In the position of the ball marker 33 shown in FIG. 15, the bottom surface of the ball marker 33 is in contact with the bottom surface 80 of the second marker recess 72 and the ramps 82. The plane defining the bottom surface 80 and the ramps 82 is oriented in the direction of the arrow 94, which is also the direction of removal of the ball marker 33 from the ball marker recess 30. Accordingly, the individual can slide the ball marker 33 along the inclined bottom surface 80 of the second marker recess 72 and the ramp 82 to remove the ball marker 33 from ball marker recess 30. Once the ball marker 33 is outside the ball marker recess 30, the individual can continue sliding the ball marker 33 on the divot tool 20 until the ball marker 33 is placed on the green. The divot tool 20 may be positioned close enough to the green so that the individual can just slide the ball marker 33 off the divot tool 20 and onto the green with his thumb. This sliding motion of the ball marker 33 from the divot tool 20 onto the green may provide accurate placement of the ball marker 33 onto the green. A forceful sliding or moving the ball marker 33 from the divot tool 20 onto the green may be necessary, because as described above, either the divot tool 20 may be sufficiently magnetized by the magnet 86 or 90, or the attraction force of the magnet 86 or 90 may be strong enough to keep the ball marker 33 connected to the divot tool 20 until the ball marker 33 is physically separated from the divot 20 by the individual's thumb sliding le ball marker 33 off the divot tool 20.

As described above, removal of the ball marker 33 from the divot tool 20 and the placement thereof on the green can be accomplished with only one finger, such as the thumb of an individual using the divot tool. Furthermore, the finger recesses 36 and 38 and the position of the barbs 24 at least partially inside the palm of the individual's hand provide sufficient grip for the individual while holding the divot tool 20, thereby allowing the individual to easily control the removal of the ball marker 33 from the ball marker recess 30 with only his thumb.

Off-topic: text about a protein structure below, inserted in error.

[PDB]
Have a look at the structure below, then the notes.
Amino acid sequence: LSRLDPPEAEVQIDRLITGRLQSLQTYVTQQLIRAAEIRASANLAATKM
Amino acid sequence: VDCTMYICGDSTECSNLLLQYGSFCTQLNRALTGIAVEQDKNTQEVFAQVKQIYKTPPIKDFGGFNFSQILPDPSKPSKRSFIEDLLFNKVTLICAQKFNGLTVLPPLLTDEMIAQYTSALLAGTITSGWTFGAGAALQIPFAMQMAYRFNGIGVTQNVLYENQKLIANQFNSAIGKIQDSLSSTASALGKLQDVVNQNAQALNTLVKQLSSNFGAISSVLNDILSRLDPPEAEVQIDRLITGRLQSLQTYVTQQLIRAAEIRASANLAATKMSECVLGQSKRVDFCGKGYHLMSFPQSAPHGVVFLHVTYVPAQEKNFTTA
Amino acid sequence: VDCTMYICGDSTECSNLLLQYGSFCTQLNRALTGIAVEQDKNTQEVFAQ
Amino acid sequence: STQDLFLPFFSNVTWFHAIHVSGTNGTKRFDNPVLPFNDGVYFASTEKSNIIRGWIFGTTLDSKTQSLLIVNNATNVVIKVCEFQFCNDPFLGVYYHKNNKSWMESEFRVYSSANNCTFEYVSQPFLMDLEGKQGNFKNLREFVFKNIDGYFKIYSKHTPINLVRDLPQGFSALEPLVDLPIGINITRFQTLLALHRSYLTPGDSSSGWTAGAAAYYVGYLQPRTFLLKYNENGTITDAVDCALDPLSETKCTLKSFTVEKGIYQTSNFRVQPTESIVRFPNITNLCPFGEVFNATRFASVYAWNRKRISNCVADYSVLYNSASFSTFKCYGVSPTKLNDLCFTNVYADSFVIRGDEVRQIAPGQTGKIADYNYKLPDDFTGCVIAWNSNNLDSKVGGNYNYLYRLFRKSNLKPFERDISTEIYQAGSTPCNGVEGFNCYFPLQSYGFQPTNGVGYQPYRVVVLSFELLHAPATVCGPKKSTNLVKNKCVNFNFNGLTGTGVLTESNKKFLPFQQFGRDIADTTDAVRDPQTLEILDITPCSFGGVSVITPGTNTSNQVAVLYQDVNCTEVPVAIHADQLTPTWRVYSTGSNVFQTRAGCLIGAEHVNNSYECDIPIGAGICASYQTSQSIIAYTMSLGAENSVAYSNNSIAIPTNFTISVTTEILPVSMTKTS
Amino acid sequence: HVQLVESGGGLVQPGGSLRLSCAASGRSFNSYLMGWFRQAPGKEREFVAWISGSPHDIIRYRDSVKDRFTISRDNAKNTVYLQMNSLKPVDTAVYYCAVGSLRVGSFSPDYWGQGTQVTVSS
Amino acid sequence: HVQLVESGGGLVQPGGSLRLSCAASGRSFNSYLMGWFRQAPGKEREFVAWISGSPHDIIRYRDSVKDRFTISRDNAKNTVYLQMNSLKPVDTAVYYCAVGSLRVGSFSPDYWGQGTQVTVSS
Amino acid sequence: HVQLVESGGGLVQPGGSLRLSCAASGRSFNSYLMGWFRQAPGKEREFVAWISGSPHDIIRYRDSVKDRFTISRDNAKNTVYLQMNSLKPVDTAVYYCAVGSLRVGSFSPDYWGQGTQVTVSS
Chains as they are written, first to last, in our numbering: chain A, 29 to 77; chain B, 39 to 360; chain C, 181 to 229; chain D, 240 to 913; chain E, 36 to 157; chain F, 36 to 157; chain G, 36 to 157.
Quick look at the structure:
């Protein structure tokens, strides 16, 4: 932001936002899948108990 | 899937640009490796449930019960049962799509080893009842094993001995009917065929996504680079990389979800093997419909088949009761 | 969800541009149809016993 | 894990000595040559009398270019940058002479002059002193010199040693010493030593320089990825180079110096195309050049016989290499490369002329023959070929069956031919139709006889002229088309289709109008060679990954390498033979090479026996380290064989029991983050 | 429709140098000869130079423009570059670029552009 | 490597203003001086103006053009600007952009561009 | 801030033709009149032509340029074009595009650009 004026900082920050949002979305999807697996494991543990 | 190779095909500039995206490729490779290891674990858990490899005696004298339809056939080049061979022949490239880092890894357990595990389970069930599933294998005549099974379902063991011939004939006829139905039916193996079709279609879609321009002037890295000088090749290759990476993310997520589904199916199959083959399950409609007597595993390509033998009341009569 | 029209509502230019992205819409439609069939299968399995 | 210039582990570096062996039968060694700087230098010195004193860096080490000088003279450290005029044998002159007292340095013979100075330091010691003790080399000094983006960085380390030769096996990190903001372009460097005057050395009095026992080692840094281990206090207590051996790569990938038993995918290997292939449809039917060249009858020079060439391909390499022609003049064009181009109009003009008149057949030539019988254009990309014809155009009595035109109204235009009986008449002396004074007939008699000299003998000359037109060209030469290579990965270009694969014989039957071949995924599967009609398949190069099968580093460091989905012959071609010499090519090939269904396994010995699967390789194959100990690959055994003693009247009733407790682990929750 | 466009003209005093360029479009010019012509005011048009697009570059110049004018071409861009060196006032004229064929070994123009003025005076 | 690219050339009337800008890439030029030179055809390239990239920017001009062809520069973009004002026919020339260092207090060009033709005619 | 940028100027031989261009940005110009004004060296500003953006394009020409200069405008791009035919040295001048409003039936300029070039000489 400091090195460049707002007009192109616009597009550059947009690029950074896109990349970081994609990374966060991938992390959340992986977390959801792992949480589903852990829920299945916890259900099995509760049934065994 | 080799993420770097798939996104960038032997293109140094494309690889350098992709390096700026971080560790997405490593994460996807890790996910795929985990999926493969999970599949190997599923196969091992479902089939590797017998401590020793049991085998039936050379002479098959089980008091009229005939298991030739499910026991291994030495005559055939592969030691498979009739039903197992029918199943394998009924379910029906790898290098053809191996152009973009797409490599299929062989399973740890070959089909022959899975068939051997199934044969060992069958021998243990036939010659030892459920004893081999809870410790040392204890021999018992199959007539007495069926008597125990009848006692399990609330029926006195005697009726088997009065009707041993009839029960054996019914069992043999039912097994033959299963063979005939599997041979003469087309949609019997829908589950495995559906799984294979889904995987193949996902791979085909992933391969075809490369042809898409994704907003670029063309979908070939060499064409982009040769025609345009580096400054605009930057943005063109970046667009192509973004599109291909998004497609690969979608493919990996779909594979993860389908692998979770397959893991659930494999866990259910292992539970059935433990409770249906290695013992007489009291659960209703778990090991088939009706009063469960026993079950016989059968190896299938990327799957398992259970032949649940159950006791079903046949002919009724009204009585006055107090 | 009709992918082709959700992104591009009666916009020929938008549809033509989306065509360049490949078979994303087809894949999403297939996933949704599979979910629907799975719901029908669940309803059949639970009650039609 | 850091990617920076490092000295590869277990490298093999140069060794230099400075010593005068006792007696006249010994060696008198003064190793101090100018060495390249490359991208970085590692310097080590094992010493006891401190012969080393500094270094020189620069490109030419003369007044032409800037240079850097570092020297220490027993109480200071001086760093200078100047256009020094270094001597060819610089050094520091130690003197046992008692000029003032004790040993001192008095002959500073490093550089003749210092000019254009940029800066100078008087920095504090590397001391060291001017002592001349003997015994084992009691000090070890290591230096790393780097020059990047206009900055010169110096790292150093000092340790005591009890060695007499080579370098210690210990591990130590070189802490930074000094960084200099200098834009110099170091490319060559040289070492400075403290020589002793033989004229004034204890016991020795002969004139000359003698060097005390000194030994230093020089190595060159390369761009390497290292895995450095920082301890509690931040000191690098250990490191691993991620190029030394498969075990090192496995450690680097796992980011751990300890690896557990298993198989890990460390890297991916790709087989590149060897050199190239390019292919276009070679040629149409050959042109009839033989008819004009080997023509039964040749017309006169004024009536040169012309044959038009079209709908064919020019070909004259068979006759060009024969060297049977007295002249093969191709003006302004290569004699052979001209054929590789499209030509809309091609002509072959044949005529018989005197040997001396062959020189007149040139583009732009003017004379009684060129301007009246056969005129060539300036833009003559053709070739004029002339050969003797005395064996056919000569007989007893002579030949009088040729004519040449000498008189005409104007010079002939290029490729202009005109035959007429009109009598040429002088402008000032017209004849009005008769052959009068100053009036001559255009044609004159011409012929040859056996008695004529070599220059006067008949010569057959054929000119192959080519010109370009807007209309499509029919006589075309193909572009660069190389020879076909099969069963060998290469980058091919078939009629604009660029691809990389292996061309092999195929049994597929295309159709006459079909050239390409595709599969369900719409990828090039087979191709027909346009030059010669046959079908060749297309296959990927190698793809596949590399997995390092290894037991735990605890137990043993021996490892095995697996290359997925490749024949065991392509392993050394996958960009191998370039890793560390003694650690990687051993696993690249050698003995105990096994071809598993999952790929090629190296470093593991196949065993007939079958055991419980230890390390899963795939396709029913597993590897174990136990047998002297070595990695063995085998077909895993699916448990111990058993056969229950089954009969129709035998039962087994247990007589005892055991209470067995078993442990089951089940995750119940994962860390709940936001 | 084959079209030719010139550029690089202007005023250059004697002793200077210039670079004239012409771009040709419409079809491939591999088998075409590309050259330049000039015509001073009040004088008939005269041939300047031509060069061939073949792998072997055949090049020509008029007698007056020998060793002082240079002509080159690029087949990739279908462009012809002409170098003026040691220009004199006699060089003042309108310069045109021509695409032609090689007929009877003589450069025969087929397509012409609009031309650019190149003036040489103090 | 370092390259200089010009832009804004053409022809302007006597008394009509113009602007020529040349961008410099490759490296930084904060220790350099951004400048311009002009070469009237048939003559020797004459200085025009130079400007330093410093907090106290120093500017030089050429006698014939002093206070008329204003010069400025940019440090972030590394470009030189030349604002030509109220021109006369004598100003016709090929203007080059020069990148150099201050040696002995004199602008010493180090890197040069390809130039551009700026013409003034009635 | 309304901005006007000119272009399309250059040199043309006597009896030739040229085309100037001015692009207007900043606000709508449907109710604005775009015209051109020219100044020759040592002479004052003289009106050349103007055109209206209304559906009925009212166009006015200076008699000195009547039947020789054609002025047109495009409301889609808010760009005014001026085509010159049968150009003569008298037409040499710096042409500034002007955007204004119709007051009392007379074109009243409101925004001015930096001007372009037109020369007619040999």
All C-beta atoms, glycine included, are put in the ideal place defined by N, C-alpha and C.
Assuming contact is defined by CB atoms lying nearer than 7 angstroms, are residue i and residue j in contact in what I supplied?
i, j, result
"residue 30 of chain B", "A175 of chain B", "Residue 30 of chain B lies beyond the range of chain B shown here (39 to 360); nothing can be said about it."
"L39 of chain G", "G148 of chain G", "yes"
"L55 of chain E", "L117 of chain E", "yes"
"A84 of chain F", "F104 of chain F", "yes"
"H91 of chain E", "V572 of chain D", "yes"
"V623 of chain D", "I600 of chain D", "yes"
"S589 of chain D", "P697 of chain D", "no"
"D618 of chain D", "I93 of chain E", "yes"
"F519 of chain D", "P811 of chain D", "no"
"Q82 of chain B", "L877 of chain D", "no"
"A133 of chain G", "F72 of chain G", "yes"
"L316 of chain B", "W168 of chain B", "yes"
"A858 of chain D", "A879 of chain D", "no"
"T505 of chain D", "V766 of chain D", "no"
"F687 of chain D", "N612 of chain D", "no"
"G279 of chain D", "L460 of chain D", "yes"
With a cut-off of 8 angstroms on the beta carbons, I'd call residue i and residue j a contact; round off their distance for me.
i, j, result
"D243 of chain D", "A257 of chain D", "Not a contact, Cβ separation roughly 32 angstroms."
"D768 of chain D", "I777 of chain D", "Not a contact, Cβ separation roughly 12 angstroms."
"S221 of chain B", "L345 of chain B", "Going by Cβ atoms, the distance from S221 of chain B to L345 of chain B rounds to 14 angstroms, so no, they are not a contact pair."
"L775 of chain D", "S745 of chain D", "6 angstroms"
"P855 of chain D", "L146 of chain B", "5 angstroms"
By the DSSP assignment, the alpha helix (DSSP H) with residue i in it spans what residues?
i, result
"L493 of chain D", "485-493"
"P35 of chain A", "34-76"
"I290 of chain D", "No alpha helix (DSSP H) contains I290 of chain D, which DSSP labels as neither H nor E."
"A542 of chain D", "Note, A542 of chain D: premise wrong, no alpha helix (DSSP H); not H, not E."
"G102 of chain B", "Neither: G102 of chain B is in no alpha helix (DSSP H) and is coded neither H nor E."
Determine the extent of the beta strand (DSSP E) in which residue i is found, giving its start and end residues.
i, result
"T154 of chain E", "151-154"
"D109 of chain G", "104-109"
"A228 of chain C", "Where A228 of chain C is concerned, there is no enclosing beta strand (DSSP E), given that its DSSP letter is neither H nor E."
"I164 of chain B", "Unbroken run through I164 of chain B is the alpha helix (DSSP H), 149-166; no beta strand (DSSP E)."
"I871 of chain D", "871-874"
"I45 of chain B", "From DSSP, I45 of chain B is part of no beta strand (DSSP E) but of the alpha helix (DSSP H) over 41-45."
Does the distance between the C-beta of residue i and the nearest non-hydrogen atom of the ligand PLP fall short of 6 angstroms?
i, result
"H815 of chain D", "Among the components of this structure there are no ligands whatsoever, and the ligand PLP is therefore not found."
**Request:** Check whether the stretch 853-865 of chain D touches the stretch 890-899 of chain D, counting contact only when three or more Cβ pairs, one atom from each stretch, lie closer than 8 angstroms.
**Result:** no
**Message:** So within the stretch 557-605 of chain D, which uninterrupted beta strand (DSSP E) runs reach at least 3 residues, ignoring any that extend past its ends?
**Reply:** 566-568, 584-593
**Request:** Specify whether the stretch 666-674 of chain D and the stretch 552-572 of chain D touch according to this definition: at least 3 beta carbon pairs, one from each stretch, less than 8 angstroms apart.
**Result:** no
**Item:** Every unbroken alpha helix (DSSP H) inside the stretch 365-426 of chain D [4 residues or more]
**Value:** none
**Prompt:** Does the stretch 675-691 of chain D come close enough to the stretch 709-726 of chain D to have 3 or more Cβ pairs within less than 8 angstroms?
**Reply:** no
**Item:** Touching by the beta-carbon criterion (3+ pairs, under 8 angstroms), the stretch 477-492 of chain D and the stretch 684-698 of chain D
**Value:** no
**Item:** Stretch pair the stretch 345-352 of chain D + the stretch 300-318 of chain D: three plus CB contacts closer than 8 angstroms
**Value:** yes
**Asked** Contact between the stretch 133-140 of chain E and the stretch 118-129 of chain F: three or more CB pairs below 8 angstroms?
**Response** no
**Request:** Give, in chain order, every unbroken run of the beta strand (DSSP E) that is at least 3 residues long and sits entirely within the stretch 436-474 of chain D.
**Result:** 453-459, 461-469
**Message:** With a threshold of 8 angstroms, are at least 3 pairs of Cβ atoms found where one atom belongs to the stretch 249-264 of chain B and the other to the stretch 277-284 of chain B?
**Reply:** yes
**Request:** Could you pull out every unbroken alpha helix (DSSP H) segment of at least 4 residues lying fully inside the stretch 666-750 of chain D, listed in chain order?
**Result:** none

The divot tool 20 may be constructed from any type of material, such as stainless steel, aluminum, titanium, various other metals or metal alloys, composite materials, natural materials such as wood or stone, or plastic materials. If the divot tool 20 is constructed from metal, the divot tool 20 may be formed by stamping (i.e., punching using a machine press or a stamping press, blanking, embossing, bending, flanging, or coining, casting), injection molding, forging, machining or a combination thereof, or other processes used for manufacturing metal parts. If the divot tool 20 is constructed from plastic materials, divot tool 20 may be formed by injection molding or similar methods as those described above for making metal parts. With injection molding of metal or plastic materials, a one-piece or a multi-piece mold can be constructed which has interconnected cavities corresponding to the above-described parts of the divot tool 20. Molten metal or plastic material is injected into the mold, which is then cooled. During the injection molding process, the magnet 86 or 90 may be co-molded with the divot tool 20 rather than being affixed in the magnet recess 84 or 88, respectively, with an adhesive. The divot tool 20 is then removed from the mold and may be machined to smooth out irregularities on the surfaces thereof or to remove residual parts.